Evidence for HIV-1 cure after CCR5Δ32/Δ32 allogeneic haemopoietic stem-cell transplantation 30 months post analytical treatment interruption: a case report

Ravindra Kumar Gupta, Dimitra Peppa, Alison L. Hill, Cristina Gálvez, Maria Salgado, Matthew Pace, Laura E. McCoy, Sarah A. Griffith, John Thornhill, Aljawharah Alrubayyi, Laura E.P. Huyveneers, Eleni Nastouli, Paul Grant, Simon G. Edwards, Andrew J. Innes, John Frater, Monique Nijhuis, Anne Marie J. Wensing, Javier Martinez-Picado, Eduardo Olavarria

Research output: Contribution to journalArticlepeer-review

39 Scopus citations


Background: The London patient (participant 36 in the IciStem cohort) underwent allogeneic stem-cell transplantation with cells that did not express CCR5 (CCR5Δ32/Δ32); remission was reported at 18 months after analytical treatment interruption (ATI). Here, we present longer term data for this patient (up to 30 months after ATI), including sampling from diverse HIV-1 reservoir sites. Methods: We used ultrasensitive viral load assays of plasma, semen, and cerebrospinal fluid (CSF) samples to detect HIV-1 RNA. In gut biopsy samples and lymph-node tissue, cell-copy number and total HIV-1 DNA levels were quantified in multiple replicates, using droplet digital PCR (ddPCR) and quantitative real-time PCR. We also analysed the presence of intact proviral DNA using multiplex ddPCR targeting the packaging signal (ψ) and envelope (env). We did intracellular cytokine staining to measure HIV-1-specific T-cell responses. We used low-sensitive and low-avidity antibody assays to measure the humoral response to HIV-1. We predicted the probability of rebound using a mathematical model and inference approach. Findings: HIV-1 viral load in plasma remained undetectable in the London patient up to 30 months (last tested on March 4, 2020), using an assay with a detection limit of 1 copy per mL. The patient's CD4 count was 430 cells per μL (23·5% of total T cells) at 28 months. A very low-level positive signal for HIV-1 DNA was recorded in peripheral CD4 memory cells at 28 months. The viral load in semen was undetectable in both plasma (lower limit of detection [LLD] <12 copies per mL) and cells (LLD 10 copies per 106 cells) at 21 months. CSF was within normal parameters at 25 months, with HIV-1 RNA below the detection limit (LLD 1 copy per mL). HIV-1 DNA by ddPCR was negative in rectum, caecum, and sigmoid colon and terminal ileum tissue samples at 22 months. Lymph-node tissue from axilla was positive for the long-terminal repeat (33 copies per 106 cells) and env (26·1 copies per 106 cells), negative for ψ and integrase, and negative by the intact proviral DNA assay, at 27 months. HIV-1-specific CD4 and CD8 T-cell responses have remained absent at 27 months. Low-avidity Env antibodies have continued to decline. Mathematical modelling suggests that the probability of remission for life (cure) is 98% in the context of 80% donor chimerism in total HIV target cells and greater than 99% probability of remission for life with 90% donor chimerism. Interpretation: The London patient has been in HIV-1 remission for 30 months with no detectable replication-competent virus in blood, CSF, intestinal tissue, or lymphoid tissue. Donor chimerism has been maintained at 99% in peripheral T cells. We propose that these findings represent HIV-1 cure. Funding: Wellcome Trust and amfAR (American Foundation for AIDS Research).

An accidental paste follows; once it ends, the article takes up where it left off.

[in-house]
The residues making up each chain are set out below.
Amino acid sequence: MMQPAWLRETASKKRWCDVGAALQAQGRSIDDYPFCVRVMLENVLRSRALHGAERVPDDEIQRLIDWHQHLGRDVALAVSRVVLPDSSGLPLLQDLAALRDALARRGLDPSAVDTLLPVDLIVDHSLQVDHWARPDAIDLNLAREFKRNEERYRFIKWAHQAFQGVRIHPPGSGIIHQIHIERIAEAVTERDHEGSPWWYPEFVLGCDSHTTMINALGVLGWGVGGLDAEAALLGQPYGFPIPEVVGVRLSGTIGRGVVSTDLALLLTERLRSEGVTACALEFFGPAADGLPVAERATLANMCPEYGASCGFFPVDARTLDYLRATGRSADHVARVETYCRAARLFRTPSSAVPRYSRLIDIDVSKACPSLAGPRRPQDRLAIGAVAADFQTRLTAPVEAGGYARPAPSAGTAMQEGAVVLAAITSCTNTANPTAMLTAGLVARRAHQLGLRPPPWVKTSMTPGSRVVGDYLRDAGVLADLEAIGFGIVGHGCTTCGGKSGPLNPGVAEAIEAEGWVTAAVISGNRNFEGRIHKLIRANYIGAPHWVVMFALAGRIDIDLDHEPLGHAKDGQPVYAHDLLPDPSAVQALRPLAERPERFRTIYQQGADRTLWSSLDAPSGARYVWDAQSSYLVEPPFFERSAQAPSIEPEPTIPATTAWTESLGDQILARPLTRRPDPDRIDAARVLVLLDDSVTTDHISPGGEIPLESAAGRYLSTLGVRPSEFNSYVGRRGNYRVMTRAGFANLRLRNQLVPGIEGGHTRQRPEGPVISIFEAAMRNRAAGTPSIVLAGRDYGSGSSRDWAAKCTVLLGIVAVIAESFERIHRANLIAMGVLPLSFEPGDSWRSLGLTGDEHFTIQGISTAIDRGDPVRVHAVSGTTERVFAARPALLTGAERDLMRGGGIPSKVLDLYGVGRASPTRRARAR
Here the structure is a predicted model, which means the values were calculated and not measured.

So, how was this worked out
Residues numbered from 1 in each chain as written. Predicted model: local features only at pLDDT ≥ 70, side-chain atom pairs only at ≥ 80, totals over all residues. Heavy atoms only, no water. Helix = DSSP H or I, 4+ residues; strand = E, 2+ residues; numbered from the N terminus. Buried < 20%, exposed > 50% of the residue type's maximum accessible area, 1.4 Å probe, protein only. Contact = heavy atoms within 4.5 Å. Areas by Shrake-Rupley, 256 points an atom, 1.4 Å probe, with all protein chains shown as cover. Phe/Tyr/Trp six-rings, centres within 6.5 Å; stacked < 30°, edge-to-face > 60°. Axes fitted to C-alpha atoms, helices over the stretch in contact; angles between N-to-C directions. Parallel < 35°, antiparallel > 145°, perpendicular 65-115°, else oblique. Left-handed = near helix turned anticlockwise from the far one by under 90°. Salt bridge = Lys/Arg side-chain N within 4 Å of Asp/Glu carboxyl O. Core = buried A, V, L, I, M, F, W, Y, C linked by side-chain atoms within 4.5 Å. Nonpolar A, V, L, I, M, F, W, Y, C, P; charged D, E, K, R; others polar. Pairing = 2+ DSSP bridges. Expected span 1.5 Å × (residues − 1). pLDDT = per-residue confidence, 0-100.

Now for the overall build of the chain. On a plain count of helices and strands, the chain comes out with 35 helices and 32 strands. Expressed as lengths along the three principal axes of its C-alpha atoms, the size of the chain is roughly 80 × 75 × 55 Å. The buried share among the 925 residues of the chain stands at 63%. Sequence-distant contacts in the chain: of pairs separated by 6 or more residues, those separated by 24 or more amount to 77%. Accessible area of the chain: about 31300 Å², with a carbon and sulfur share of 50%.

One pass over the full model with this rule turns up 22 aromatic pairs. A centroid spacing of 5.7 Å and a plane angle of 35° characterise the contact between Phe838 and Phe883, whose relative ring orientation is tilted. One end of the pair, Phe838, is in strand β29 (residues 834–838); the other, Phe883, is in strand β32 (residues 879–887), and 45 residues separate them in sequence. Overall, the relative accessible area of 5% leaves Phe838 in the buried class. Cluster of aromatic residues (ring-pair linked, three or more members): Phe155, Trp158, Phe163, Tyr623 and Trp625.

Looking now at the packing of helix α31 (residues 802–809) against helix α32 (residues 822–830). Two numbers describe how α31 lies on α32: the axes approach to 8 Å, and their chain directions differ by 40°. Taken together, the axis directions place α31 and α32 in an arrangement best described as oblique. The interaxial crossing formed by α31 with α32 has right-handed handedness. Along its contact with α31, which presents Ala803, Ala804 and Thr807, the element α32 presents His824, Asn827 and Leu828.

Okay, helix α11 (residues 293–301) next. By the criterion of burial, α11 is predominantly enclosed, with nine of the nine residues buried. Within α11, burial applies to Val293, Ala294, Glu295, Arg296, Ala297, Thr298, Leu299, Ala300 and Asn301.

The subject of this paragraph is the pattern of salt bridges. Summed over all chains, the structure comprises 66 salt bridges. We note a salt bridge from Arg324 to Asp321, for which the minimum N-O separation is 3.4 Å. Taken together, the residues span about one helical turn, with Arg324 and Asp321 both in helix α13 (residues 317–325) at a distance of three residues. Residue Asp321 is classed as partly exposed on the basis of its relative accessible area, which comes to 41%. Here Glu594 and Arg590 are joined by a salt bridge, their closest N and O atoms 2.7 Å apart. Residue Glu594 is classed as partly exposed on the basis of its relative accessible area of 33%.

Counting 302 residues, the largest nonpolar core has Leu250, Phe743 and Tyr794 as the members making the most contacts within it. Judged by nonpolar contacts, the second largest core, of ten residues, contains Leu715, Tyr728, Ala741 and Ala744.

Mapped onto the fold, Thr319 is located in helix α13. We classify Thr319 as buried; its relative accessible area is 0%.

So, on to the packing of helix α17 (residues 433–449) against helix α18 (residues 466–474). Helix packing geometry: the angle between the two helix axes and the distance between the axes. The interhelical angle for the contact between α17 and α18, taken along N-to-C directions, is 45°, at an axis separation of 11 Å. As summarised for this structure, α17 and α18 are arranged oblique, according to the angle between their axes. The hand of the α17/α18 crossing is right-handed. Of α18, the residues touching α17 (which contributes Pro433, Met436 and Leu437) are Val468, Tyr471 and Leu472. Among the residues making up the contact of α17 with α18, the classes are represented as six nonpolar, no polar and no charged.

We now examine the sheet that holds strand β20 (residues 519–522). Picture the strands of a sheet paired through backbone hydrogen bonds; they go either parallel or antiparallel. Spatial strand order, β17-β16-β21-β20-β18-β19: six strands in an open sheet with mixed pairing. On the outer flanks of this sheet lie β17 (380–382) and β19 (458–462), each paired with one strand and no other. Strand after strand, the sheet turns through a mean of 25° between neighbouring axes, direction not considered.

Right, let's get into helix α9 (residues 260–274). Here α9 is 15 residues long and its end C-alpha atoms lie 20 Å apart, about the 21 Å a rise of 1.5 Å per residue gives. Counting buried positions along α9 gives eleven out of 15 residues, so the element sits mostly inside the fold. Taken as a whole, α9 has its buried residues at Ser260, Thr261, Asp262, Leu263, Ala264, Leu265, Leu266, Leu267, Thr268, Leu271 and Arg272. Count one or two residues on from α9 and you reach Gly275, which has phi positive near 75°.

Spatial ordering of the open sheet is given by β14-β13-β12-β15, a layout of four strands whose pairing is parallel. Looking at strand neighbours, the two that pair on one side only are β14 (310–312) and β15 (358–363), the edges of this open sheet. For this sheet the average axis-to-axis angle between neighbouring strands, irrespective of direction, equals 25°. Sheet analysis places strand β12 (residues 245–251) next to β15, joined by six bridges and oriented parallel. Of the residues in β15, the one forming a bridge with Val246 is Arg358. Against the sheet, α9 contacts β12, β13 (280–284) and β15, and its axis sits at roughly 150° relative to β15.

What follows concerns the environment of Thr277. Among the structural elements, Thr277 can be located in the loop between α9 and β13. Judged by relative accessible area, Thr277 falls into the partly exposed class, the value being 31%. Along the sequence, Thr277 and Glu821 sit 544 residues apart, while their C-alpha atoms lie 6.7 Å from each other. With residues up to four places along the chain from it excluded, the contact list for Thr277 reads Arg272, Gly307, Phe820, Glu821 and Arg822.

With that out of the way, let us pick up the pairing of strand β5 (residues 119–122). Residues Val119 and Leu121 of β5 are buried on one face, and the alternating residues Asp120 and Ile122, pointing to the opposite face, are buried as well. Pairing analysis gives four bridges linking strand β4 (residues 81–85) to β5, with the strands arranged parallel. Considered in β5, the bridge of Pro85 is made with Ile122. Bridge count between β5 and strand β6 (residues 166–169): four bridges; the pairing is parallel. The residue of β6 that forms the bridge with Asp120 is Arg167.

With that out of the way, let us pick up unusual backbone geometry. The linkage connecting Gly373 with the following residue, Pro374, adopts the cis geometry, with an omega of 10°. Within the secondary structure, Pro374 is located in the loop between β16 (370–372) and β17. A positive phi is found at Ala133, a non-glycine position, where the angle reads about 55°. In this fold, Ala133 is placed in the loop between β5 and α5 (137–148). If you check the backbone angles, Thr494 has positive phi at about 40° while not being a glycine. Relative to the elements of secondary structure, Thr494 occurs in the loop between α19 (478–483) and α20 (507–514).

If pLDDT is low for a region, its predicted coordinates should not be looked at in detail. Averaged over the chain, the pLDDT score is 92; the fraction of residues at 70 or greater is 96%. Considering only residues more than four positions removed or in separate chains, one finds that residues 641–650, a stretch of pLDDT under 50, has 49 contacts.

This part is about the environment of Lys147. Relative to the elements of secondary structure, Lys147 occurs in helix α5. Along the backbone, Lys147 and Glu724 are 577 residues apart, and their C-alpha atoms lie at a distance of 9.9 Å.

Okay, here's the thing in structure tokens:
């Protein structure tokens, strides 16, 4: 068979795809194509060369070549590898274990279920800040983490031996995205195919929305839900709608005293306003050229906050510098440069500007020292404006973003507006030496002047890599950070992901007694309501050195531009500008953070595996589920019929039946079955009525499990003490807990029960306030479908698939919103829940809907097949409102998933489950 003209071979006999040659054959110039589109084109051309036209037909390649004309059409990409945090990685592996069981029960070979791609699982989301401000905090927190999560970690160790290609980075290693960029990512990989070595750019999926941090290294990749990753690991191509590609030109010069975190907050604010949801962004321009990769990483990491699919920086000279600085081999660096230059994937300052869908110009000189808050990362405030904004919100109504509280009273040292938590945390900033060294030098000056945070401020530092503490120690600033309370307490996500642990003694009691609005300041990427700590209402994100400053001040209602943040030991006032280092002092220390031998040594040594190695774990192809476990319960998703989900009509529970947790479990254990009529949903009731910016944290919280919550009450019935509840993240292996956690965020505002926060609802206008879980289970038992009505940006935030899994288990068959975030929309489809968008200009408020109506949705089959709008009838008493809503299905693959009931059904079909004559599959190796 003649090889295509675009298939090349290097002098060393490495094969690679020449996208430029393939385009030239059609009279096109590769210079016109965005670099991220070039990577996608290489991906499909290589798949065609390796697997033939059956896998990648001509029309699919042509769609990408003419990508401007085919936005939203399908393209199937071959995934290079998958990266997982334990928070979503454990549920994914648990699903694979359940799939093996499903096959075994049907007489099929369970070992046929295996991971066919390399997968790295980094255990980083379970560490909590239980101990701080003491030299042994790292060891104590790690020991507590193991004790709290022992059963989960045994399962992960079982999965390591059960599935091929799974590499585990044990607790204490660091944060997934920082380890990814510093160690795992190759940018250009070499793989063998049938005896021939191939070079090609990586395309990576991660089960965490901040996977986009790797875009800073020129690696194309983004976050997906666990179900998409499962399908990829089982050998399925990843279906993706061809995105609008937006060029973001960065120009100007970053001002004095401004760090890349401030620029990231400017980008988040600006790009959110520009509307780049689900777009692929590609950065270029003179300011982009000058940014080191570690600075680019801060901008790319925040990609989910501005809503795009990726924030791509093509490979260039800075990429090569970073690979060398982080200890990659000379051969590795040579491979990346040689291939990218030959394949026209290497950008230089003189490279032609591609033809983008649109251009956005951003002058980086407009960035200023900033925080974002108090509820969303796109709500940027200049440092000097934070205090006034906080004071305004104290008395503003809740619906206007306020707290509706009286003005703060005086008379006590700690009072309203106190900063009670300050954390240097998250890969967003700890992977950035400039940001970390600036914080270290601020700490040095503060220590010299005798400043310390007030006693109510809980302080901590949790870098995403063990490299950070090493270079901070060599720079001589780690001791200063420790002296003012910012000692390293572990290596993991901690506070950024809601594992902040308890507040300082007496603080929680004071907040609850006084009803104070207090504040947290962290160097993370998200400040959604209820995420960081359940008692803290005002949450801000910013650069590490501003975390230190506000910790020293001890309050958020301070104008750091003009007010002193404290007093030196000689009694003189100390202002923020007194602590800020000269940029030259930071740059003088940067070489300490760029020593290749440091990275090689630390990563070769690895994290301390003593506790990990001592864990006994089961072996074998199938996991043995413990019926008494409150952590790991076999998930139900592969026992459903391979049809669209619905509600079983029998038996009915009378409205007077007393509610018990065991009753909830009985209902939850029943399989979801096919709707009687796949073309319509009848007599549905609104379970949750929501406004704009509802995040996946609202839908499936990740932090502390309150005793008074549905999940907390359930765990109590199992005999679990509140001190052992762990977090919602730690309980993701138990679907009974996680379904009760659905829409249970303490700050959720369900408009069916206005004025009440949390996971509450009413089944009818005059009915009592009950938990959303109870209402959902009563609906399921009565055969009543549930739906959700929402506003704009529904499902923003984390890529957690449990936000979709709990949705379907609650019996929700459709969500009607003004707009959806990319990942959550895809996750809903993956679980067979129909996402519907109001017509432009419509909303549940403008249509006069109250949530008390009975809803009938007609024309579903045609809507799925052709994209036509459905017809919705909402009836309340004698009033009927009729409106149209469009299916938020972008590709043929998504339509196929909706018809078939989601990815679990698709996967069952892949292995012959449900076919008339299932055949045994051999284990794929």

Original languageEnglish (US)
Pages (from-to)e340-e347
JournalThe Lancet HIV
Issue number5
StatePublished - May 2020
Externally publishedYes

ASJC Scopus subject areas

  • Epidemiology
  • Immunology
  • Infectious Diseases
  • Virology


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